“Let me count the ways.”
Because it offers delicious food for everyday meals and for special occasions.
The recipes offer that exhilarating food discovery that only hold-in-your-hand cookbooks can offer.
Yes, the recipes are easy to make but that’s not the dealmaker for this Examiner. Cooking good food should take time and effort – but that’s just me talking.
Most folks do need quick and easy and One Pot offers plenty of timesaving gems.
Make no mistake, though, this is not a fast-meal cookbook.
What it is, is real recipes, real cuisine, exciting curated recipes that are savory and sweet, with a new, fun way to cook the food.
In one pot or pan.
Most of the dishes are cooked on the stovetop – which for anyone with a small apartment kitchen can really be appreciated.
(Or like someone dear to this Examiner, uses the oven for storing pretty bags…)
One Pot, Two Pot, Three Pots, Four
Don’t know your Dutch Oven from a Slow Cooker or a Pressure Cooker?
First up: a primer on the pots is probably in order.
And that is precisely what Martha provides – for all six of the pots employed in the cookbook.
The Table of Contents is arranged by pot:
Dutch Oven, Skillet & Sauté Pan, Slow Cooker, Roasting Pan & Baking Dish, Pressure Cooker, Stockpot & Saucepan, and Desserts. Yes, Desserts!
Martha’s Introduction reads like a pep talk.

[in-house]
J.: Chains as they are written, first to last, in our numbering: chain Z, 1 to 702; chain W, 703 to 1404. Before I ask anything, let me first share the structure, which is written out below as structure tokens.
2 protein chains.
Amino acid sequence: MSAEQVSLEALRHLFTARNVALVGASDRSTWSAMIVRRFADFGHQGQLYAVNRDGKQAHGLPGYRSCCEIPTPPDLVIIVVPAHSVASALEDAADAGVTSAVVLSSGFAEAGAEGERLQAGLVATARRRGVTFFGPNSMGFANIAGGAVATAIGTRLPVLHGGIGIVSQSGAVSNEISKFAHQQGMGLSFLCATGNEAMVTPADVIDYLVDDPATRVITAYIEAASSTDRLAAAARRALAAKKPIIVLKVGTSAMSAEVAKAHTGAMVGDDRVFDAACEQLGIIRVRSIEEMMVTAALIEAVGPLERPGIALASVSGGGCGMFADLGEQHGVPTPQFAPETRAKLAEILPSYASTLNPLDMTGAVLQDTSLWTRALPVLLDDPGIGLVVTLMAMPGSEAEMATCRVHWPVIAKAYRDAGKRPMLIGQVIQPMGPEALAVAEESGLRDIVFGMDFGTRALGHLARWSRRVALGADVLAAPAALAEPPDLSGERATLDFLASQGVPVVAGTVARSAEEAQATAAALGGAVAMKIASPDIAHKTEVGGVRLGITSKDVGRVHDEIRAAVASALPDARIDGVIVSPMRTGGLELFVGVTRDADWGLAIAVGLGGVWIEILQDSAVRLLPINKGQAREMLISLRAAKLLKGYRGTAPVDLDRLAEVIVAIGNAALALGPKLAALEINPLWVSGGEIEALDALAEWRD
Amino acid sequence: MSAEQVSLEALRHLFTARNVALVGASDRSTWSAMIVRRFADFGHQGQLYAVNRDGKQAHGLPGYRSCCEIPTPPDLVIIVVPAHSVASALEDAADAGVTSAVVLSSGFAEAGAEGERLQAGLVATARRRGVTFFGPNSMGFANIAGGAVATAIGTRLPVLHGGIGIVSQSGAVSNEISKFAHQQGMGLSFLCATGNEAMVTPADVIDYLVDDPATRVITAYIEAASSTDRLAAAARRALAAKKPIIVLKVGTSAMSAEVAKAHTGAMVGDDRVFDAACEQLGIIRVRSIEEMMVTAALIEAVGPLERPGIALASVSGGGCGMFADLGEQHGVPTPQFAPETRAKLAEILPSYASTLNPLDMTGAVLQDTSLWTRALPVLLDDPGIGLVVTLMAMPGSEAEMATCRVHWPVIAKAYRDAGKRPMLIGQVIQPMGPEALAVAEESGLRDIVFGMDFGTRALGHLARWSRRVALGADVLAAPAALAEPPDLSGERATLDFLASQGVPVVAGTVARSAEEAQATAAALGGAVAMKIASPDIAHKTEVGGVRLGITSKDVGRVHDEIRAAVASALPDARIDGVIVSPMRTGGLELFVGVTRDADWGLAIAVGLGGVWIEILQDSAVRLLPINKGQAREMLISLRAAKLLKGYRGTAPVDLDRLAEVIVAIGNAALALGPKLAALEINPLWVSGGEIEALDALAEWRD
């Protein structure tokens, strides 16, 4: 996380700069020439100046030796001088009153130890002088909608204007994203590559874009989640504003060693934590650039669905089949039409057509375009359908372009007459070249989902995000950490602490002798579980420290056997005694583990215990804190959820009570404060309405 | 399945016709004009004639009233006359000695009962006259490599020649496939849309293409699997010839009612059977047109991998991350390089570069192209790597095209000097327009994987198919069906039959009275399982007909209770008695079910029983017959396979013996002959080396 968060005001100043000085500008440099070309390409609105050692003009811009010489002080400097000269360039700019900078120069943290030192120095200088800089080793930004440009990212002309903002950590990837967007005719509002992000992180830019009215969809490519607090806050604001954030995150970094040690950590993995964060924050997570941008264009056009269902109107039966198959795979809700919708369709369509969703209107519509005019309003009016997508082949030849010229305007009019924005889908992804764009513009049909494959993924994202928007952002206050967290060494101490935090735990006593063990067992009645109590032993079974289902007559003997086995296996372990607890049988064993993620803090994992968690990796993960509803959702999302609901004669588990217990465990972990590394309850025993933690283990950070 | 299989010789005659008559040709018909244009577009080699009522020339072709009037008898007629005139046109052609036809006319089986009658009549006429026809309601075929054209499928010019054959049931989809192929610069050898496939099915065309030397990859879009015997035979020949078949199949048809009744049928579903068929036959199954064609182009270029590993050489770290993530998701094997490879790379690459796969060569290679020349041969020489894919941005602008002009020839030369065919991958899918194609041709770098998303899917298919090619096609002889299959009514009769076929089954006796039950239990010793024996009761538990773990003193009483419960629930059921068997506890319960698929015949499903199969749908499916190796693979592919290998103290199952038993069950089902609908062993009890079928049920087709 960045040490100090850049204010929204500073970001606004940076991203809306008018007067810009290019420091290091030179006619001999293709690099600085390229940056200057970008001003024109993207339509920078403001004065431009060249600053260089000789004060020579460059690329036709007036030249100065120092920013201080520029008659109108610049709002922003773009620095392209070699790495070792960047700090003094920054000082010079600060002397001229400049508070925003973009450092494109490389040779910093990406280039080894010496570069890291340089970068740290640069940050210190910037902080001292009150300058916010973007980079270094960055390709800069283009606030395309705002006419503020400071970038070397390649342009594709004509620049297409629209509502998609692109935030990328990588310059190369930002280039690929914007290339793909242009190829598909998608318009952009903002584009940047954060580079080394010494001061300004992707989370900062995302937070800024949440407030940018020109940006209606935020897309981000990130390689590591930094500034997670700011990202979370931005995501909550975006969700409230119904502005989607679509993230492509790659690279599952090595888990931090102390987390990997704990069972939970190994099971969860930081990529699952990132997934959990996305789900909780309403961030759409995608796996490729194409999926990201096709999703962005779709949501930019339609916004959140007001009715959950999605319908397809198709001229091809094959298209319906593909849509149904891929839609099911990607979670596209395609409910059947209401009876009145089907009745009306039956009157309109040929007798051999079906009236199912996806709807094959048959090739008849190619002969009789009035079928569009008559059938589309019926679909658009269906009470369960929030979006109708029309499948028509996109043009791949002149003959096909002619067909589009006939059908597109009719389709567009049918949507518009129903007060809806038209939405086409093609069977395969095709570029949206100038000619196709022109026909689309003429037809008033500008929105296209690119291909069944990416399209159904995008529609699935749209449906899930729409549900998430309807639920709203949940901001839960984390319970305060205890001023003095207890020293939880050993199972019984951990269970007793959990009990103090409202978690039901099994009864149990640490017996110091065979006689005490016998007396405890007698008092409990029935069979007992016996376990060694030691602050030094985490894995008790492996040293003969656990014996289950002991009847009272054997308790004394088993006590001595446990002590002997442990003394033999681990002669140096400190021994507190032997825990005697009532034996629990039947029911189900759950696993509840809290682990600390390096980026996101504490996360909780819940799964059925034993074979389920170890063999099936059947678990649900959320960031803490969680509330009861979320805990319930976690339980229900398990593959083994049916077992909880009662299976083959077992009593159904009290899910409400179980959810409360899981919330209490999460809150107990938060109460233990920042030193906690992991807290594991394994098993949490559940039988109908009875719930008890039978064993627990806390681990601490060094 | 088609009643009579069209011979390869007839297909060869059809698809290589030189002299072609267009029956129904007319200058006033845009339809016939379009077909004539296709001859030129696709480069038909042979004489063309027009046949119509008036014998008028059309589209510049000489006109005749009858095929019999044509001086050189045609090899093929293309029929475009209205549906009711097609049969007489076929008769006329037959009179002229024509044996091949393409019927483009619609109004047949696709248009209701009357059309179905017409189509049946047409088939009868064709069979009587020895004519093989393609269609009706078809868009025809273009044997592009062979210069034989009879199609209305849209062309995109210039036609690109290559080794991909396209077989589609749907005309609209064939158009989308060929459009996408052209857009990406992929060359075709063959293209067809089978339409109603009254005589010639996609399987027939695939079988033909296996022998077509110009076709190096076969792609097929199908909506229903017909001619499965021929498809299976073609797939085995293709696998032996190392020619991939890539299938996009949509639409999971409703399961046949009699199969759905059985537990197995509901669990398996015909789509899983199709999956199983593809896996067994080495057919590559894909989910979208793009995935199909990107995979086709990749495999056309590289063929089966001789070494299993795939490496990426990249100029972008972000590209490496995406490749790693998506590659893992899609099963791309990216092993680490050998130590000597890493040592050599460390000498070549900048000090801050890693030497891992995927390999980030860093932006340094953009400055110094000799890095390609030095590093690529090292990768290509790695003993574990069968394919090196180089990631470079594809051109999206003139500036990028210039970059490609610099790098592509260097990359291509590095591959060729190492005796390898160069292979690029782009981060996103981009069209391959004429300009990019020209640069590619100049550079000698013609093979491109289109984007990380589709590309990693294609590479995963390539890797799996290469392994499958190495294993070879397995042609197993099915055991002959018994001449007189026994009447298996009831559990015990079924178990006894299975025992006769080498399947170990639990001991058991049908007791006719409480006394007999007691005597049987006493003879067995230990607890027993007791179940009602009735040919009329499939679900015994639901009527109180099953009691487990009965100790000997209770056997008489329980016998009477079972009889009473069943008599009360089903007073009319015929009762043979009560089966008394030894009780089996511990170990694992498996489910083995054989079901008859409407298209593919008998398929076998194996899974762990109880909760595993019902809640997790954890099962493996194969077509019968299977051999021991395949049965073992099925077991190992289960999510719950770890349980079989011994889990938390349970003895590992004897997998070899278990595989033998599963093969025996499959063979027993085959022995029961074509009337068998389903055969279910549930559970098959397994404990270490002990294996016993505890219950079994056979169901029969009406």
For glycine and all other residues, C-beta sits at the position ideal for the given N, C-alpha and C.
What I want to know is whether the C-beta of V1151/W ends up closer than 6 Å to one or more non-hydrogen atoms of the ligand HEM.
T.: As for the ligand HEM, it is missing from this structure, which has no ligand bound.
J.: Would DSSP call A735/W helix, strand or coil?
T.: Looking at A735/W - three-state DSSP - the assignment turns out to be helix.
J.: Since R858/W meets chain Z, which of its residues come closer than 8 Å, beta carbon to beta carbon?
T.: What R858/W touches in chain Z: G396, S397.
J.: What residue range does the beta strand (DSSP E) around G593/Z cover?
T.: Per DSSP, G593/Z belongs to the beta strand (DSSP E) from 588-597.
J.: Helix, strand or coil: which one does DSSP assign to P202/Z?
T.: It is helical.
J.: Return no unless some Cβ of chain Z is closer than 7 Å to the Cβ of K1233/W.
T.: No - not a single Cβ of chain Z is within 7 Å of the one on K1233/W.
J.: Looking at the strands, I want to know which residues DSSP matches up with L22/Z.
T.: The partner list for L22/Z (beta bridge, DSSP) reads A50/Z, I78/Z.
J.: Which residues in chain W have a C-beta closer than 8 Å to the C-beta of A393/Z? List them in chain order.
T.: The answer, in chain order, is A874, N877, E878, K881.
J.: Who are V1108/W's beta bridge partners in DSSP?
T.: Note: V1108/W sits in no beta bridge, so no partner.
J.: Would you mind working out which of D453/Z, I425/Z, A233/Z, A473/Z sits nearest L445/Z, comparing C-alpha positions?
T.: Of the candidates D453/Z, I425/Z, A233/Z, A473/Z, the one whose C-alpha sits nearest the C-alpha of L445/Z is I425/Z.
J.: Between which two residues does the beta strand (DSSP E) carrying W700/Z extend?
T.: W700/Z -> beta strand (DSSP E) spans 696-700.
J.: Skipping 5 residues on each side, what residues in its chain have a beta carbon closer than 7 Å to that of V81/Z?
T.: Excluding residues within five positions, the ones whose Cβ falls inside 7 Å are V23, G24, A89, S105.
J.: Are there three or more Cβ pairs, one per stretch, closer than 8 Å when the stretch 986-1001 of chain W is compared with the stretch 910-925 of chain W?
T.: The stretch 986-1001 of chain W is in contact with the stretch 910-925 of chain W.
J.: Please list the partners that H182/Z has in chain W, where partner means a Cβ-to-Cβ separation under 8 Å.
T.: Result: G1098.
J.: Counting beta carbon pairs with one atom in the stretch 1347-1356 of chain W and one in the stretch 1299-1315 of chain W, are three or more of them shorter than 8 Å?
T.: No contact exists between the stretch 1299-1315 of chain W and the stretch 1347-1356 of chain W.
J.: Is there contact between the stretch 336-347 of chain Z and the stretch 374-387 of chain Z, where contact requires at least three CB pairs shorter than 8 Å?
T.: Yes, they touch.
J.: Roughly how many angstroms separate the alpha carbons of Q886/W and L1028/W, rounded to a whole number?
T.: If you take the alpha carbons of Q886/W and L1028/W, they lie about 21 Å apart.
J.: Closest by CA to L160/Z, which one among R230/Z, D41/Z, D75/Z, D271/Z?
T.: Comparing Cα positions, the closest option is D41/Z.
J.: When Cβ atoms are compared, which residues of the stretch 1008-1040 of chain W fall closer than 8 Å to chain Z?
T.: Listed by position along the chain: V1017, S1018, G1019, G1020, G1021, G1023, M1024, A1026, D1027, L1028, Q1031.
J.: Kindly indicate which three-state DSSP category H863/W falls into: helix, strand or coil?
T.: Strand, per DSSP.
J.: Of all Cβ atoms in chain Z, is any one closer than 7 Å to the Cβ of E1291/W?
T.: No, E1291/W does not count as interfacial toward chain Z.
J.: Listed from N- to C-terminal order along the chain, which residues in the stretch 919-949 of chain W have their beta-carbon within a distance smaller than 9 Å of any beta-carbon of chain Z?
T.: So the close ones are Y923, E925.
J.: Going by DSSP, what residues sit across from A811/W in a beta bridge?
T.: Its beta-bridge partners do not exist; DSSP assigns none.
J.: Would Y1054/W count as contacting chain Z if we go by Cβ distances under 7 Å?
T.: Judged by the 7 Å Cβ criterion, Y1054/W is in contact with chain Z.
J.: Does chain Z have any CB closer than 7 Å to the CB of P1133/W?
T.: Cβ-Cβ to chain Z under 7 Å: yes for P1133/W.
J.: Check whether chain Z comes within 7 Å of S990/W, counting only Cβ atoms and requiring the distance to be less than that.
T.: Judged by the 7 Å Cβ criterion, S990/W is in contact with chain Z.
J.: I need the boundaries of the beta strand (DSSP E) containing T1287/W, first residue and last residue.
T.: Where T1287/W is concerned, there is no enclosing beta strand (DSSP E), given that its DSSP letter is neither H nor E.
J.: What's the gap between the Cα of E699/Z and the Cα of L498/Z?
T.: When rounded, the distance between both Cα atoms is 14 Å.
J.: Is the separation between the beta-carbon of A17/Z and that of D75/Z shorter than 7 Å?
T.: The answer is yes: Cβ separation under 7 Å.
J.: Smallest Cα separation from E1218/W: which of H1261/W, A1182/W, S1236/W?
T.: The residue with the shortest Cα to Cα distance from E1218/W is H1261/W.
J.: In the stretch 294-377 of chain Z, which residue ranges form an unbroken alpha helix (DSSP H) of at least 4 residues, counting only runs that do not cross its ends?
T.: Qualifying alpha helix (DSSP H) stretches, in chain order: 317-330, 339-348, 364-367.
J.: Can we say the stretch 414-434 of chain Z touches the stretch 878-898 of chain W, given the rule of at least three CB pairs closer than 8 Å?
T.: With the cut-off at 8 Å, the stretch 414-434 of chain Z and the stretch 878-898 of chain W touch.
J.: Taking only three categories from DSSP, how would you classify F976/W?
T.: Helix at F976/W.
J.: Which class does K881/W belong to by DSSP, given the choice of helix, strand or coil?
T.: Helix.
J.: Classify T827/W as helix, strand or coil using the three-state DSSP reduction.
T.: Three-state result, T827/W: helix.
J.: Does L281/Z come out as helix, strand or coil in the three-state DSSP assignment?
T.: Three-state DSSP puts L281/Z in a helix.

And here too, the information gets right to the point.
She describes how the recipes make use of the six different types of cookware and what each one is best for. She says you probably have the cookware in your kitchen. (If not, Macy’s is the go-to place to stock up on kitchen provisions, including the Martha Stewart Collection
Each chapter in the soft-cover cookbook features one of the six pots, an image of a prepared dish in that pot, and on the opposite page, the specific pot heading and all the recipes for that pot, with corresponding page numbers. Easy to understand and follow layout.
The lead-in to each chapter starts with a description of the pot, The Basics – including what it’s used for, how to use, followed by bullet-pointed Cooking Tips.
The facing page has a photo of the chapter’s pot with arrow-pointing bubble-like tips on the key pot parts to look for and what they do, as in “A Note about Size (for the Dutch Oven): A six-to-eight quart model is a good bet – big enough for a whole chicken or a big batch of stew, but not unwieldy. Round versus oval is a matter of personal preference.”
Every chapter includes a pot icon at the bottom of the recipe for easy reference; every recipe is no more than a full page, the directions not more than four paragraphs – most are merely two; with prep time—both active and total time included — and serving metrics, too.
These are must-haves for a good cookbook.
The facing page to the recipe is of the prepared dish. Also a must-have.
One wants to see what the finished dish is to look like.
Besides, “the eyes eat first” and this helps the cook select the food for the mood…
The piece de resistance is that for each pot, Martha offers a “One Pot, Four Ways.” This is a sure-fire roadmap to say, creating a signature dish and then trading out the vegetables with seasonal ingredients.
The suggestions are featured with graphics. The corresponding directions are bullet-pointed in two to four steps.
Recipes (and their pots) served at the One Pot launch party:
Carnitos Tacos – Dutch Oven
Macaroni and Cheese – Skillet
Pulled Pork – Slow Cooker
Stuffed Tomatoes – Baking Dish
Corn and Shrimp Chowder – Stockpot
Peach Crumble – Baking Dish
Chocolate-Chip Cookie – Skillet
Chocolate Mousse – Blender